Before you get out of bed in the morning to check your email, your social media, or put the kettle on for tea or coffee, try my new morning yoga routine. Each posture is designed to wake up the body and energize the mind. The best part? It only takes about 20 minutes. Rev-up your morning by trying these easy to do moves.
Finish this sequence in Easy Pose (cross-legged) with a few moments of stillness and meditation. Connecting to your breathing not only gives you the opportunity to be in the present moment, but also enables you to watch each gentle breath enter and exit the body. Each deep breath enriches you with oxygen, helping the flow of blood to muscles, tissues cells and bones, while aiding clarity of thought and a sense of calm and focus to start your day.
Begin and end this sequence in a seated position; avoid Savasana in the morning since the idea here is to “wake-up” the body.
Modify the above poses to suit your practice; use a yoga block or blanket if needed.
Ashtanga yoga poses are practiced in a sequential and fluid manner and in parallel with controlled breathing. Speed is not important when first beginning this style of yoga. The synchronization of the breath with movement is more significant. Why? When proper breathing is combined with movement, the body releases energy that eases tension. As an effect, one feels more relaxed. The energy used by the body is transformed to intense heat and is released through sweating. Toxins and other impurities present in the blood stream are expelled from the body through this process.
Ashtanga yoga consist of three main parts: the opening sequence, one of the six main series, and the finishing sequence. These parts have been patterned such that the preceding movements prepare the mind and body for more difficult, strength developing poses. Surya Namaskara (Sun Salutation) is the traditional opening sequence which is followed by the standing series.
This is then followed by one of the six fundamental series of the poses: The primary series known in Sanskrit as Yoga Chikitsa (translated as Yoga Therapy); the intermediate series called Nāḍī Shodhana (translated as Nerve Cleansing); and finally the advanced series A, B, C, D known collectively as Sthira Bhagah (translated as Steady Strength).
The Sun Salutation is like the preface of a book. This fundamental series is performed five times at the beginning of the Ashtanga yoga practice. The aim is to condition the mind for the session as well as to warm-up and strengthen the back and hamstrings.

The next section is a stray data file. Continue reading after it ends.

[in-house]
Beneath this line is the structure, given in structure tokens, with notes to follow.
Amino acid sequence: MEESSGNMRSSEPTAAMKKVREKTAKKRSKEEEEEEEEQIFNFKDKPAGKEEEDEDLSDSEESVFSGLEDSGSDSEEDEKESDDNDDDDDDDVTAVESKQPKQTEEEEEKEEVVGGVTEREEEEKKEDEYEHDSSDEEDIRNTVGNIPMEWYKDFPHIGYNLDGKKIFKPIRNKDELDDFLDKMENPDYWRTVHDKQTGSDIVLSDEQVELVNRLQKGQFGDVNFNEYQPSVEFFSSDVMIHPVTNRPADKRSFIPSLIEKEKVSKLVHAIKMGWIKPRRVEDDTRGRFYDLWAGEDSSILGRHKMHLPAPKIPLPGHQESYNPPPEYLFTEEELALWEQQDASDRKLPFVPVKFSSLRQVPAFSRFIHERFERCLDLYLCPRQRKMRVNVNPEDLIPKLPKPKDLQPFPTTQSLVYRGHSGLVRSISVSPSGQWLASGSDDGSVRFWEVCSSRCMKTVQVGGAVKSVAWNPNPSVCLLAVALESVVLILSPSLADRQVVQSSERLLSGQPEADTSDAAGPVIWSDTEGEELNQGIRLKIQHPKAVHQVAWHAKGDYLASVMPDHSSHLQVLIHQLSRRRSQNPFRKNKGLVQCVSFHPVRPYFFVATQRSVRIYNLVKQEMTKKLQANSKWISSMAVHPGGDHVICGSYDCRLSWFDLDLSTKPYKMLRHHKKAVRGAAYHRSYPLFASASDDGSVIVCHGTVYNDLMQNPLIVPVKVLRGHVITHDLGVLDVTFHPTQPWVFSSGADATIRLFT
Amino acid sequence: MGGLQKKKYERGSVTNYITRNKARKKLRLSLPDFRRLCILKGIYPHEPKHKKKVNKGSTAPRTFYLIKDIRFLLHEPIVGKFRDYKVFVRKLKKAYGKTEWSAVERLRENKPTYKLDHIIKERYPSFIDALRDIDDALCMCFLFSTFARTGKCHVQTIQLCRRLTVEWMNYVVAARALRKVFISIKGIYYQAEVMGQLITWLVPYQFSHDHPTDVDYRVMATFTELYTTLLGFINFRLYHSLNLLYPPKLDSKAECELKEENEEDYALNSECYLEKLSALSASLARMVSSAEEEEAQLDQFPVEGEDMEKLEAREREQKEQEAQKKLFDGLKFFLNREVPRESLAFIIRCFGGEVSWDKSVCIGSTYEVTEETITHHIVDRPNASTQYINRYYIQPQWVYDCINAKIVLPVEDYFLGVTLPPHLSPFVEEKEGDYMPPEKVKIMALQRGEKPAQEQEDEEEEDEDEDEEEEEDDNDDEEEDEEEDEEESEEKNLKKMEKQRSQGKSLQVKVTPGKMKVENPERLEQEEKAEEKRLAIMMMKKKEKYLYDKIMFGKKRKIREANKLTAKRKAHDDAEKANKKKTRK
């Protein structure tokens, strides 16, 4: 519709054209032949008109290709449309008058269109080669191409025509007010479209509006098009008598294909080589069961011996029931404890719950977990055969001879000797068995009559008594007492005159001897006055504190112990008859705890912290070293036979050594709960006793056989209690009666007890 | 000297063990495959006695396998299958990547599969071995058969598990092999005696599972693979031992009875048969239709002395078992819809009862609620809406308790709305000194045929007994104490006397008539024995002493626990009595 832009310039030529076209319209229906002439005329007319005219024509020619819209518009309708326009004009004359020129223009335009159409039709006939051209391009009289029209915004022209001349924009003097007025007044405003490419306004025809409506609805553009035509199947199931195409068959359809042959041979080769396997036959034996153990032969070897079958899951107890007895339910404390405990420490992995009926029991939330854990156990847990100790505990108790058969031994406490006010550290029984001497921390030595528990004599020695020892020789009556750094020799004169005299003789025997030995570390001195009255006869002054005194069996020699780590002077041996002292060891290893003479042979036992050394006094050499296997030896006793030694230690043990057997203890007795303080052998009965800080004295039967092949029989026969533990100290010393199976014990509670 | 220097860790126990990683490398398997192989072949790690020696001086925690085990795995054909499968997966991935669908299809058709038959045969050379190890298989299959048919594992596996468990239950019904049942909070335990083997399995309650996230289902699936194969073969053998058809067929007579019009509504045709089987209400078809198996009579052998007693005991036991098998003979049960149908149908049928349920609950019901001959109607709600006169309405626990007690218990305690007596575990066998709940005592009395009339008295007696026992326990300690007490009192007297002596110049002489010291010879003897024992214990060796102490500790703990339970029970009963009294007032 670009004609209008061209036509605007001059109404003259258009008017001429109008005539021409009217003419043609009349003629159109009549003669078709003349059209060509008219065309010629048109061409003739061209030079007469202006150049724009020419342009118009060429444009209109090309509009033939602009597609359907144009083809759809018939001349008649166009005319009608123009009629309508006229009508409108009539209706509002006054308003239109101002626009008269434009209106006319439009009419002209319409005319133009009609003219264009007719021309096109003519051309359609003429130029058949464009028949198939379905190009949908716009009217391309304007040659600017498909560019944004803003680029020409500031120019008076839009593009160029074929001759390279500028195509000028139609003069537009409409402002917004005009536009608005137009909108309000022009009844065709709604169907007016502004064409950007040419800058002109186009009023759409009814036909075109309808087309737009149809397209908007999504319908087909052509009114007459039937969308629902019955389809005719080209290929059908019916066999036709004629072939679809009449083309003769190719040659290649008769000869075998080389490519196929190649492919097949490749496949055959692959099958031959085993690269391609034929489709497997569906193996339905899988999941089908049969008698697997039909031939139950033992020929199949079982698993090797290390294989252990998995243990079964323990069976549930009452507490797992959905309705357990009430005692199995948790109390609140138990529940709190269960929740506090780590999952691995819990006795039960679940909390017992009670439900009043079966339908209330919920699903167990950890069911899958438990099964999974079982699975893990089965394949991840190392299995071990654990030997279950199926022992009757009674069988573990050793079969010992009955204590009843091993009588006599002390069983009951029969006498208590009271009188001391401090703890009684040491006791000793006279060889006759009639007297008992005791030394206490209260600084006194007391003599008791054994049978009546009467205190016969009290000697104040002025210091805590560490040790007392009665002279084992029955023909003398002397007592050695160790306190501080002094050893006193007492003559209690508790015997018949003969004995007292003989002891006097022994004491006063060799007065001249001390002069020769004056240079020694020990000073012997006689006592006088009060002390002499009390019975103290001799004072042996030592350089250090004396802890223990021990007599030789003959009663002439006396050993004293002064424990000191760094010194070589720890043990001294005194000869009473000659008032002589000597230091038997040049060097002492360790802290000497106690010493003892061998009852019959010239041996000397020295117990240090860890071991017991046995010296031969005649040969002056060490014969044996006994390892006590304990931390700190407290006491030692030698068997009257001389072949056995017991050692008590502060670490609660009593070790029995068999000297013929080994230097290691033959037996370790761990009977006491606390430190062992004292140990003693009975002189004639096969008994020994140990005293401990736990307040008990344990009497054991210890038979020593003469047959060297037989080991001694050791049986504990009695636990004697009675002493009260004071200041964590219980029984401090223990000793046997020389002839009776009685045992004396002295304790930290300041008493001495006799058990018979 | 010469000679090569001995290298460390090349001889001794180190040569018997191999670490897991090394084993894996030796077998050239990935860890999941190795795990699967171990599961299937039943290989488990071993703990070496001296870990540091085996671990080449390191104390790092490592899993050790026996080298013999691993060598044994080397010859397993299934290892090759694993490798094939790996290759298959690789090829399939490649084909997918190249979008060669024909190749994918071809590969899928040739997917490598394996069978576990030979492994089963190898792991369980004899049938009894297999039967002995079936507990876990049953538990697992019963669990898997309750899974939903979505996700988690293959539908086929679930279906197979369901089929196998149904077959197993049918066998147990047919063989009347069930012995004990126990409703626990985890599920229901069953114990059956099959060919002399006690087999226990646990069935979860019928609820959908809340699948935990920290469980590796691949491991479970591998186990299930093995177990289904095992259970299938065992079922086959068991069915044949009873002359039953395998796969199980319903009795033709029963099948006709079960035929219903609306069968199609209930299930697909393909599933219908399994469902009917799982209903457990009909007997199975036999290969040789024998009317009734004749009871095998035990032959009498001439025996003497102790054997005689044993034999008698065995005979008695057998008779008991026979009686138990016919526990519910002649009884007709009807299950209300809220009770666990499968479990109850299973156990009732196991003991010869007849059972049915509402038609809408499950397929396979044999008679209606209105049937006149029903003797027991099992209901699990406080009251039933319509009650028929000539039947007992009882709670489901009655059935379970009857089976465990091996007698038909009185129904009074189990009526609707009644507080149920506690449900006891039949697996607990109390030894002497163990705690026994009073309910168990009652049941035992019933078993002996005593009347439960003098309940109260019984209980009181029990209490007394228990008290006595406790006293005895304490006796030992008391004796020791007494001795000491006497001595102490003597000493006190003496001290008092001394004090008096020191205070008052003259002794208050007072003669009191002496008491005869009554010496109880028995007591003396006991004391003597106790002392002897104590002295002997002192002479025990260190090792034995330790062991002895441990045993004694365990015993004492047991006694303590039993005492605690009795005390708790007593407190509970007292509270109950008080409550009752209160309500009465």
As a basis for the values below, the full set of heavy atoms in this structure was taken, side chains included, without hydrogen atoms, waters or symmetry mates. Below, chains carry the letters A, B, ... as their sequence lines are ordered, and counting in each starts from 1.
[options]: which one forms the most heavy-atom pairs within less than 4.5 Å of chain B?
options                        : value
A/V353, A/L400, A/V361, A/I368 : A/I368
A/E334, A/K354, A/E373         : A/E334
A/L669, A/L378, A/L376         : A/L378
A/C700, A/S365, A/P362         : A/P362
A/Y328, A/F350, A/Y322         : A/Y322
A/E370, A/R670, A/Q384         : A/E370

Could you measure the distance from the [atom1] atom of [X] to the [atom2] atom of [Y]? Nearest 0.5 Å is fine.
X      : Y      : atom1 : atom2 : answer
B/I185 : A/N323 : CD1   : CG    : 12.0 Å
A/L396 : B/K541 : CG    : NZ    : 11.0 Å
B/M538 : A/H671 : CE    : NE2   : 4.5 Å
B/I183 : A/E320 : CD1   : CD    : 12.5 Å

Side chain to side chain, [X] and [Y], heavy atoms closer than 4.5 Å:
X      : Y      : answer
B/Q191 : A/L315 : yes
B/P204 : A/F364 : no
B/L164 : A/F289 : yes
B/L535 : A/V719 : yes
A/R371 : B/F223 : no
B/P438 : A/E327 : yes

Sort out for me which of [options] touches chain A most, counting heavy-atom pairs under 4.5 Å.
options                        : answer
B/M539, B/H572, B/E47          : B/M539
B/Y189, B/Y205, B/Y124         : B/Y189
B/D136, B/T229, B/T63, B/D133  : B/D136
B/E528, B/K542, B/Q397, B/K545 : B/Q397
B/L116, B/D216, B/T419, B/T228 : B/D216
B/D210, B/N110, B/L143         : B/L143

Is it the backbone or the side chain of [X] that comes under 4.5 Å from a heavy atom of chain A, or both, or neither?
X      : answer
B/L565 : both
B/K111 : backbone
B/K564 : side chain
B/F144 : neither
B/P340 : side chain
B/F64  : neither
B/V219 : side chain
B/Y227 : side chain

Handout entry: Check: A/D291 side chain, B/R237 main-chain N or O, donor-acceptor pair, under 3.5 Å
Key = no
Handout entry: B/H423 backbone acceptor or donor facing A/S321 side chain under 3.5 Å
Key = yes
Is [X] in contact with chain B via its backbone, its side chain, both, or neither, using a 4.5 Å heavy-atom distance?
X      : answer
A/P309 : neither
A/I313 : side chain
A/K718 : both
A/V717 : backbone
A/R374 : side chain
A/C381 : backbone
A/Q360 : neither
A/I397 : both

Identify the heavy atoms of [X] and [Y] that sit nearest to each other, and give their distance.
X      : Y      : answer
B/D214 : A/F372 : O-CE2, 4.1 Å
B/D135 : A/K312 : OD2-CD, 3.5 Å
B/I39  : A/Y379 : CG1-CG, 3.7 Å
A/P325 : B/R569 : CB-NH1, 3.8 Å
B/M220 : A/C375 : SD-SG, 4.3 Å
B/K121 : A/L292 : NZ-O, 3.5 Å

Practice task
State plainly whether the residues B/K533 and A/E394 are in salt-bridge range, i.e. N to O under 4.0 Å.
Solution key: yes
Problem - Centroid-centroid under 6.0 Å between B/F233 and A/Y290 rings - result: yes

There are two sets of sun salutation sequences. The first sequence has nine asanas (postures or positions) while the second sequence has seventeen asanas. The second sequence is just an extension of the first sequence. The sun salutation is then followed by a series of six standing postures that aim to strengthen the core. Mastering the opening sequence will provide a good base for anyone who would like to be a practitioner.
After the opening sequence, begins one of the six fundamental series of Ashtanga yoga poses. The primary series is called Yoga Chikitsa or Yoga Therapy. This series is composed of movements that aim to purify and restore physical health. It is practiced only after warm-up to prevent injuries. The overall effect of this series is the progressive strengthening of the body.
In the primary series, the movements are arranged in such a manner that each asana (posture or position) builds on the previous one. Postures in this series are primarily twists and forward folds that prepare the spine for back bending poses performed in the finishing sequence and intermediate series. Practicing the opening sequence is strongly advised before proceeding with the primary series. Doing so will ensure that one is protected from injuries and that the flexibility needed to smoothly transition to the next pose, has been developed.